Two Catholic universities geared to expand amid Zimbabwe's turmoil

by Tawanda Karombo

HARARE, ZIMBABWEArrupe Jesuit University and the Catholic University of Zimbabwe in Harare have been registered with the Zimbabwe Council for Higher Education (ZIMCHE) as full-fledged universities and are now geared to expand their degree offerings as well as open new campuses across the country.

Jesuit Fr. Gilbert Mardai, pro vice-chancellor for administration at Arrupe Jesuit University — located less than 1 kilometer from the Mount Pleasant campus of the Catholic University of Zimbabwe in Harare — told NCR that the institution was motivated to register as a full-fledged university to meet the needs of young people who are completing secondary and high school education.

Arrupe Jesuit University, founded by the Society of Jesus in 1994, originally only offered philosophy studies until its provisional registration as a full-fledged university in 2017. The university was fully registered in 2018.

"To move into a fully-fledged university, the motivation was basically the needs we saw around us. We considered that Jesuit education is already something that is predominant in Zimbabwe, hence we sought to expand into other fields and we also want to continue growing as a university," Mardai said.

The university now has three faculties: the School of Education and Leadership, the School of Engineering and ICT (information and communication technology), and the School of Philosophy and Humanities.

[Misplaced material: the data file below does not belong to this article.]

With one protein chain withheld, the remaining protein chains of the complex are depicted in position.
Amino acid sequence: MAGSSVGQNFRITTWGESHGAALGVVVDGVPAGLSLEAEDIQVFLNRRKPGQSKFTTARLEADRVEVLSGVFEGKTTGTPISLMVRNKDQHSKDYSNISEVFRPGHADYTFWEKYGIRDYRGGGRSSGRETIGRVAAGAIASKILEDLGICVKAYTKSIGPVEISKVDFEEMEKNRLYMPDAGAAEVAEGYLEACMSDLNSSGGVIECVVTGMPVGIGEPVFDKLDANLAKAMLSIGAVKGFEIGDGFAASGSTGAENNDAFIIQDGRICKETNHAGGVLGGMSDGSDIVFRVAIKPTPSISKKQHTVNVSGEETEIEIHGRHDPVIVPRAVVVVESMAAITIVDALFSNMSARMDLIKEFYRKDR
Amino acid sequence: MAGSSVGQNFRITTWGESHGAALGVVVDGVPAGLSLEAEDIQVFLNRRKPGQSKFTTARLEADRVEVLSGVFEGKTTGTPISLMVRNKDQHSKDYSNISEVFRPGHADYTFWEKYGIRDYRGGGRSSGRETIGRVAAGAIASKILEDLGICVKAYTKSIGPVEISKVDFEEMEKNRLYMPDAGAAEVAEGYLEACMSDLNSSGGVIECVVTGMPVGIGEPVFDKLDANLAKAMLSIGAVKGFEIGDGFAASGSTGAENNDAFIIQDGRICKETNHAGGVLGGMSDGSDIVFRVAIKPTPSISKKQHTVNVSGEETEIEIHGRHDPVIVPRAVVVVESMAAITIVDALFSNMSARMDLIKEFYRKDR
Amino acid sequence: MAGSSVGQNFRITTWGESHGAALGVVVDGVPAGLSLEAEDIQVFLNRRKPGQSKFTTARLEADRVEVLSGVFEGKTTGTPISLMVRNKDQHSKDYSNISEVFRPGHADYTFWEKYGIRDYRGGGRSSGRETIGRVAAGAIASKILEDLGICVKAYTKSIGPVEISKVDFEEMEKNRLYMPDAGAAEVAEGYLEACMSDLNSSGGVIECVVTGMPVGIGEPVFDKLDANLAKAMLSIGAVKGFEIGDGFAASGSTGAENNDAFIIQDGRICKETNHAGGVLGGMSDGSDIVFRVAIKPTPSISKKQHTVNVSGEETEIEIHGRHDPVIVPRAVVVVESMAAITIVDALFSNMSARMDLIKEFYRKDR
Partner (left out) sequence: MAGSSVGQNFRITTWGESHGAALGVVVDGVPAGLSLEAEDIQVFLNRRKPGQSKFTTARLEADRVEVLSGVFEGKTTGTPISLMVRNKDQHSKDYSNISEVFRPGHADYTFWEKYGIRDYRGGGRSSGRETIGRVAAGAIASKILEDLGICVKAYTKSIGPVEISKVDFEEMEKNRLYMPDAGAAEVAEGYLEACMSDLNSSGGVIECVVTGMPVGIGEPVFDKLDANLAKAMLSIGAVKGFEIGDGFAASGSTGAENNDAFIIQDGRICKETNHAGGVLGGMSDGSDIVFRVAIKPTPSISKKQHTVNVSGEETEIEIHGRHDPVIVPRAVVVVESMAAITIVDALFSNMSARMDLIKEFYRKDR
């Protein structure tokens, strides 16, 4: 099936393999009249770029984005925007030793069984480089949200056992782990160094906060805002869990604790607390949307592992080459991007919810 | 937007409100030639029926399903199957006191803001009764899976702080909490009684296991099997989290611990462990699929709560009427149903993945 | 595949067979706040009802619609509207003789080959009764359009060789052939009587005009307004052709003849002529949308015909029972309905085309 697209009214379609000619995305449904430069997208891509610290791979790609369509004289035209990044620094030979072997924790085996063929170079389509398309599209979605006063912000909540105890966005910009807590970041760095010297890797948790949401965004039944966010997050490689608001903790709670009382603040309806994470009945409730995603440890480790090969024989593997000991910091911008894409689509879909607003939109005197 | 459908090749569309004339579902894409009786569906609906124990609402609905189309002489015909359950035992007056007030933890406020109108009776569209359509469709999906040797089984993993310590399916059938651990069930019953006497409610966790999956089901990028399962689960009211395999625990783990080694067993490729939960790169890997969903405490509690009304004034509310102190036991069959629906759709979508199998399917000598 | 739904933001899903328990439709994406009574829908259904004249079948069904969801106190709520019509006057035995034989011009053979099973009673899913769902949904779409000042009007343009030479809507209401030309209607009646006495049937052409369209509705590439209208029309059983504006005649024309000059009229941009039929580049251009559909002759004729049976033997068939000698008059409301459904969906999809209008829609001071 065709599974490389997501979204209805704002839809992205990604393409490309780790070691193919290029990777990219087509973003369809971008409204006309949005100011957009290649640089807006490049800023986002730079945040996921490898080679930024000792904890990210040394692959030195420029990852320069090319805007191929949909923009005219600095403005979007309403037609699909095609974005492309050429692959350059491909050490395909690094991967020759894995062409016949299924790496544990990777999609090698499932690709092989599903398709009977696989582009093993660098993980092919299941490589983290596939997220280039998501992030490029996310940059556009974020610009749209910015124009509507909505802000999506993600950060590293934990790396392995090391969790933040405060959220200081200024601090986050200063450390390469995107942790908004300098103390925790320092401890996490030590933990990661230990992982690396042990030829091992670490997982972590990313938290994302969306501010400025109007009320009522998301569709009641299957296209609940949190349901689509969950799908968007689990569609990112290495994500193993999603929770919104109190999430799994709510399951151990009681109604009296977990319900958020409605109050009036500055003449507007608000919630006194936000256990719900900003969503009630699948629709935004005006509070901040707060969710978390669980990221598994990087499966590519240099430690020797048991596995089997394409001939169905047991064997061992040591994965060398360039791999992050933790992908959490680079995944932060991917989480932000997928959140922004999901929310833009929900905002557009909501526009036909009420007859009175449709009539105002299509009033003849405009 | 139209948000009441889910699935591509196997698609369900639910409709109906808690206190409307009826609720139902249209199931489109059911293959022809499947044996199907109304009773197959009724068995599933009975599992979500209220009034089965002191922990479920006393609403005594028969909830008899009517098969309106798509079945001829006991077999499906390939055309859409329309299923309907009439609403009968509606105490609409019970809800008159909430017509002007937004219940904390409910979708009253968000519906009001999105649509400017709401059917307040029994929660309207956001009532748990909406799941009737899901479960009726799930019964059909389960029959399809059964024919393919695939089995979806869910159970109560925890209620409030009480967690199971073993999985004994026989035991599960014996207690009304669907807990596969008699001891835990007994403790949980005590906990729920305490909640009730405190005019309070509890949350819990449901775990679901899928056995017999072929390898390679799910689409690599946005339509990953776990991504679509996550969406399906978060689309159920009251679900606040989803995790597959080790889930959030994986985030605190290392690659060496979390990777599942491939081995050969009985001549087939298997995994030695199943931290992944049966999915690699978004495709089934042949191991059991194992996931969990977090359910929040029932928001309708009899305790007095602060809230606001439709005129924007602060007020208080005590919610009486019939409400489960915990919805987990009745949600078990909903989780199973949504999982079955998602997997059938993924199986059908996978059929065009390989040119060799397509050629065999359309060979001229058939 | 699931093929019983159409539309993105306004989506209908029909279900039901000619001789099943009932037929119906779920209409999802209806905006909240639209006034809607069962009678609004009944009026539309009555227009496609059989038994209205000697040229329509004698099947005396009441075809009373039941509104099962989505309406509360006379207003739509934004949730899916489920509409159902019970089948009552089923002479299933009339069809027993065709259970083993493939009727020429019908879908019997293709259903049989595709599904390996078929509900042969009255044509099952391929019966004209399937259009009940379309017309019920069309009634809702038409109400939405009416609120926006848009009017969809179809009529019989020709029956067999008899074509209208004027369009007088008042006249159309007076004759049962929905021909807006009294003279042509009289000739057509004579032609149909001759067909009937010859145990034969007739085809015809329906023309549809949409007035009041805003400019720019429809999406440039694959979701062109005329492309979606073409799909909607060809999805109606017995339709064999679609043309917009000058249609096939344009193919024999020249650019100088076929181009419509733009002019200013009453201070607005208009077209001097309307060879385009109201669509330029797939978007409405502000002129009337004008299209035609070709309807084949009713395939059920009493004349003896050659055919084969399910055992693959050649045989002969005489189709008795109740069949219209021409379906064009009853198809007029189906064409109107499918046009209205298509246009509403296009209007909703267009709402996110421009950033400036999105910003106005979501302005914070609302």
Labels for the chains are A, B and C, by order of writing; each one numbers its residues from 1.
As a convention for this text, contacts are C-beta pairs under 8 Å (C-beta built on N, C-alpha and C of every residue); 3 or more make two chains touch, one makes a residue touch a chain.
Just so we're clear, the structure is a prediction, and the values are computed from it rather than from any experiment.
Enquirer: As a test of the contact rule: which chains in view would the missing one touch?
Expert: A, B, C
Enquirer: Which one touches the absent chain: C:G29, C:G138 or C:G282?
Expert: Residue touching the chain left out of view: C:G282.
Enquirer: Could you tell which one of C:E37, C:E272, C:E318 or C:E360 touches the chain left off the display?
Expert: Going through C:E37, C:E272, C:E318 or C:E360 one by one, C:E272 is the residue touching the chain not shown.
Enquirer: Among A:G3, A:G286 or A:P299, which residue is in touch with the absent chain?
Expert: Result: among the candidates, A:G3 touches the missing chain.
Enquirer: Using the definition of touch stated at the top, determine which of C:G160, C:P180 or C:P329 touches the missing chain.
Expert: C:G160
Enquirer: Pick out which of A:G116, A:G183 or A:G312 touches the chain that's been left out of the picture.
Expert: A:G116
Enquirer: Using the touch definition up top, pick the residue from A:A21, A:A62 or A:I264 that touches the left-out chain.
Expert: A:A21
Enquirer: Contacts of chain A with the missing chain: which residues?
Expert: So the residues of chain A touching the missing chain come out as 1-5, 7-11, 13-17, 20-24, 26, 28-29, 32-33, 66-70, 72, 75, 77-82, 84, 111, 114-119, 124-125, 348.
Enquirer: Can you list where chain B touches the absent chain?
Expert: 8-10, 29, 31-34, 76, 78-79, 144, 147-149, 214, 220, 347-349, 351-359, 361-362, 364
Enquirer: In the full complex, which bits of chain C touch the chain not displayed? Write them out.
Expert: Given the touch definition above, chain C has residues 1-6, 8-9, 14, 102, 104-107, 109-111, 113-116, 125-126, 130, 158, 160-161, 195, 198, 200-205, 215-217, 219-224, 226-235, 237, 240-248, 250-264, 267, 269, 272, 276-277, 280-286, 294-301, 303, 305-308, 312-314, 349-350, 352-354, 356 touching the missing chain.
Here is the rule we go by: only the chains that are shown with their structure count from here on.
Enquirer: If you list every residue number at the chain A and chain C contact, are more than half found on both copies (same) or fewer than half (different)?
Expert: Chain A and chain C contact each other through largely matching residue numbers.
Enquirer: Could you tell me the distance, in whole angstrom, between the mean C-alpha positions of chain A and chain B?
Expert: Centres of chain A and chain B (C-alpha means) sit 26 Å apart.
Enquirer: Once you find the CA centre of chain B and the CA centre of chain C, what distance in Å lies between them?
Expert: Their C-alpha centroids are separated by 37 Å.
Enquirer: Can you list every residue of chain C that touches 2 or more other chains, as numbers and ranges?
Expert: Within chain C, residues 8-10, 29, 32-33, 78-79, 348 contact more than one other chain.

The Catholic University of Zimbabwe was established in 1998, initially offering a bachelor's degree in business management and information technology. The university is currently running a 10-year strategic plan into 2022, according to Mabel Nyamurowa, the assistant registrar responsible for marketing.

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A car arrives at the Catholic University of Zimbabwe in Harare. (Tawanda Karombo)

Nyamurowa told NCR that the strategic plan aims to grow the university with the "establishment of campuses in the eight dioceses of the Catholic Church in Zimbabwe, the launch of new study programs [and] offering of diverse study modes" in response to suggestions from students and other stakeholders, such as employers and educationists.